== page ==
Slash Boxes

Slash Open Source Project

How are you getting hits to your site?

Displaying poll results.
Getting it mentioned on slashcode
  5% 47 votes
Word of mouth
  25% 238 votes
Feeding it to search engines
  12% 120 votes
Doing crosslinking deals with other sites
  4% 42 votes
Paying for advertisement
  1% 15 votes
Feeding your RSS file to different sites
0% 9 votes
  10% 100 votes
Scantly clad out of work GAP models with sandwhich boards in Time Square
  38% 362 votes
933 total votes.
[ Voting Booth | Other Polls | Back Home ]
  • Don't complain about lack of options. You've got to pick a few when you do multiple choice. Those are the breaks.
  • Feel free to suggest poll ideas if you're feeling creative. I'd strongly suggest reading the past polls first.
  • This whole thing is wildly inaccurate. Rounding errors, ballot stuffers, dynamic IPs, firewalls. If you're using these numbers to do anything important, you're insane.
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  • Good poll question. I wonder why so few responses or replies. Maybe this troll will get the discussion going. Maybe not. Ways to market your site effectively:
    • Go to [] and read the information they have up there. Create an account and carefully take your time building meta tags. The advice they offer is sound and will provide you with an in-depth look at PROPERLY marketing your site through search engines. (Oh yeah kick out a few bucks to Rob Woodhead and company when you realize how cool the service they provide really is!)
    • Get your site listed with as many community sites as possible.
    • A YASS announcement on Slashcode will bring you about 150 visitors. Can you keep any of them?
    • Join a web ring that has sites similar to yours. They are free and will get a little more traffic moving to your site.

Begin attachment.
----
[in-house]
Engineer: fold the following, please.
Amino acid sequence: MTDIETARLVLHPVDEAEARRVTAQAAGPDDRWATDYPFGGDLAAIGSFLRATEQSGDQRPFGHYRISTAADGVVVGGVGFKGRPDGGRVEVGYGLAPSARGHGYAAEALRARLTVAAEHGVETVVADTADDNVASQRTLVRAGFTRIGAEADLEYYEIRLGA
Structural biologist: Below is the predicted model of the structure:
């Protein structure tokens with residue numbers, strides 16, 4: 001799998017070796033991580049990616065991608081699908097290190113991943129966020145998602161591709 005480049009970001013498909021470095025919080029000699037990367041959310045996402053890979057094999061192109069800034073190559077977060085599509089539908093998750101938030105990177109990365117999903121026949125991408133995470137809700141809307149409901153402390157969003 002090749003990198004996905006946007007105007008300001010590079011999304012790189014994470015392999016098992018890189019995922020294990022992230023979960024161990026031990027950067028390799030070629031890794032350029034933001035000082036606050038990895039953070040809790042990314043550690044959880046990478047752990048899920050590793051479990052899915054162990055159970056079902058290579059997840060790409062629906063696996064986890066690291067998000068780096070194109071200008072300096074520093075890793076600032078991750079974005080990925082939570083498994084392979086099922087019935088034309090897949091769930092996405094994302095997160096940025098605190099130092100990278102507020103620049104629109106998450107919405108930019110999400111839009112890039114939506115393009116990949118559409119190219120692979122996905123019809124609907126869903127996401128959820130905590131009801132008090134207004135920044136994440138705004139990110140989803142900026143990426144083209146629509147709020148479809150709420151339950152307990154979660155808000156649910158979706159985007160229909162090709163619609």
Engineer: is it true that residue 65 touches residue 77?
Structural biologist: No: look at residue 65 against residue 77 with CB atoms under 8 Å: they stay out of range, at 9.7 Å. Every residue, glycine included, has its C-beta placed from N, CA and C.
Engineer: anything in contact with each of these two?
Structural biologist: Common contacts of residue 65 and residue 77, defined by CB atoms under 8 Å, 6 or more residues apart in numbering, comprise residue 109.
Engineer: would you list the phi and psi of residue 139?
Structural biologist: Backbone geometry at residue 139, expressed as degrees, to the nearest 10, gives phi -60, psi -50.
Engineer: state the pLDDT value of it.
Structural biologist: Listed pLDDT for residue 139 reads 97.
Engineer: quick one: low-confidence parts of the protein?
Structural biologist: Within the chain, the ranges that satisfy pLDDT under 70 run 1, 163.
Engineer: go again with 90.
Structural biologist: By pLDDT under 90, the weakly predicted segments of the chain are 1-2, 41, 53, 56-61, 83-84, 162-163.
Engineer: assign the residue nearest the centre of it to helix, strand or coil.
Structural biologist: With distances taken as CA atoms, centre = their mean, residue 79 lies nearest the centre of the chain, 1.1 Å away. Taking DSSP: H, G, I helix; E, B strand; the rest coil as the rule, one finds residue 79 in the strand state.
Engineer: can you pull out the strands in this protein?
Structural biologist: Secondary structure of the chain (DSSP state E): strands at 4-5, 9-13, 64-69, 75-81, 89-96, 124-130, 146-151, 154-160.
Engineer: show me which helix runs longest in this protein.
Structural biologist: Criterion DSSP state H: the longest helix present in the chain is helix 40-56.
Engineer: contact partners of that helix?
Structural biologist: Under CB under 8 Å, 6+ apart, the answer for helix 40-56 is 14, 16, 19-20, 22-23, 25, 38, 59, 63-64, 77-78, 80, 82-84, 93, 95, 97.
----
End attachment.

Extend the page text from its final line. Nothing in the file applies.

• Setup a link deal with other sites of the same genre as yours. The few clicks that trickle in will be better than ones clicked through a YASS(just an example) because the inbound surfers already have a genuine interest in the subject matter.
    • Know your target audience. Ask yourself; What is the demographic of the average user you want at your site? How old are they? What sex? What income level? Where do these people normally go on the net to find the information you provide? When do they normally surf? Use this information wisely to build you marketing campaign.
    • Forget about big $ banner ad campaigns. They don't work. Trust me on this. There is a reason why the CPM has dropped through the floor lately. The 1 per 1,000 per 1,000 rule should really be viewed as 1 per 10,000 per 10,000. Your money will be better spent elsewhere.
    • Don't give in to the temptation to have your site address spammed to 30,000,000 users. Yeah you might get a few new users but you will have pissed off millions of potential users in the process, possibly getting yourself blacklisted in the process.
    • Use the news groups. You can announce your site in the appropriate news group(s) and pick up users. I recommend doing this regularly. Say every two weeks or so depending on the rollover of the particular news group you target.
    • Get the RSS into whatever news feed services you can.
    • Word of mouth is going to be your best marketing tool. A) its free and B) people are more likely to go to a site that others have recommended to them.
    • Patience pays pondskipper. Keep an eye on your stats. It may take a while for your site to develop a 'culture'. I use webtrends. Its free and gives you a pretty indepth look at your visitors. Remember: just because the visitors are not posting doesn't mean you are not heving people read through what is being posted. vis:6,200+ page views (note: not 'hits') and less than 20 posts.
    • Dead tree marketing works. Get you url published in media that is congruent with your target audience. This is $ better spent than banner ads. I had a client who was getting a very small amount of traffic to her site from thousands of dollars in banner ad campaigns. She switched to publishing in magazines that had a readership that matched her demographic of user and the traffic went from a handful of visits per month to over 15,000 visits per month in less than 3 months.

    Ok, so there you have it. The only thing I can think of that I left out was the point that Sex sells. How you apply that to your marketing may or may not benefit your marketing plan. Hiring a few scantily clad bikini babes to market your site at big events will get you some traffic but it probably wont be quality traffic unless your site is a pr0n site.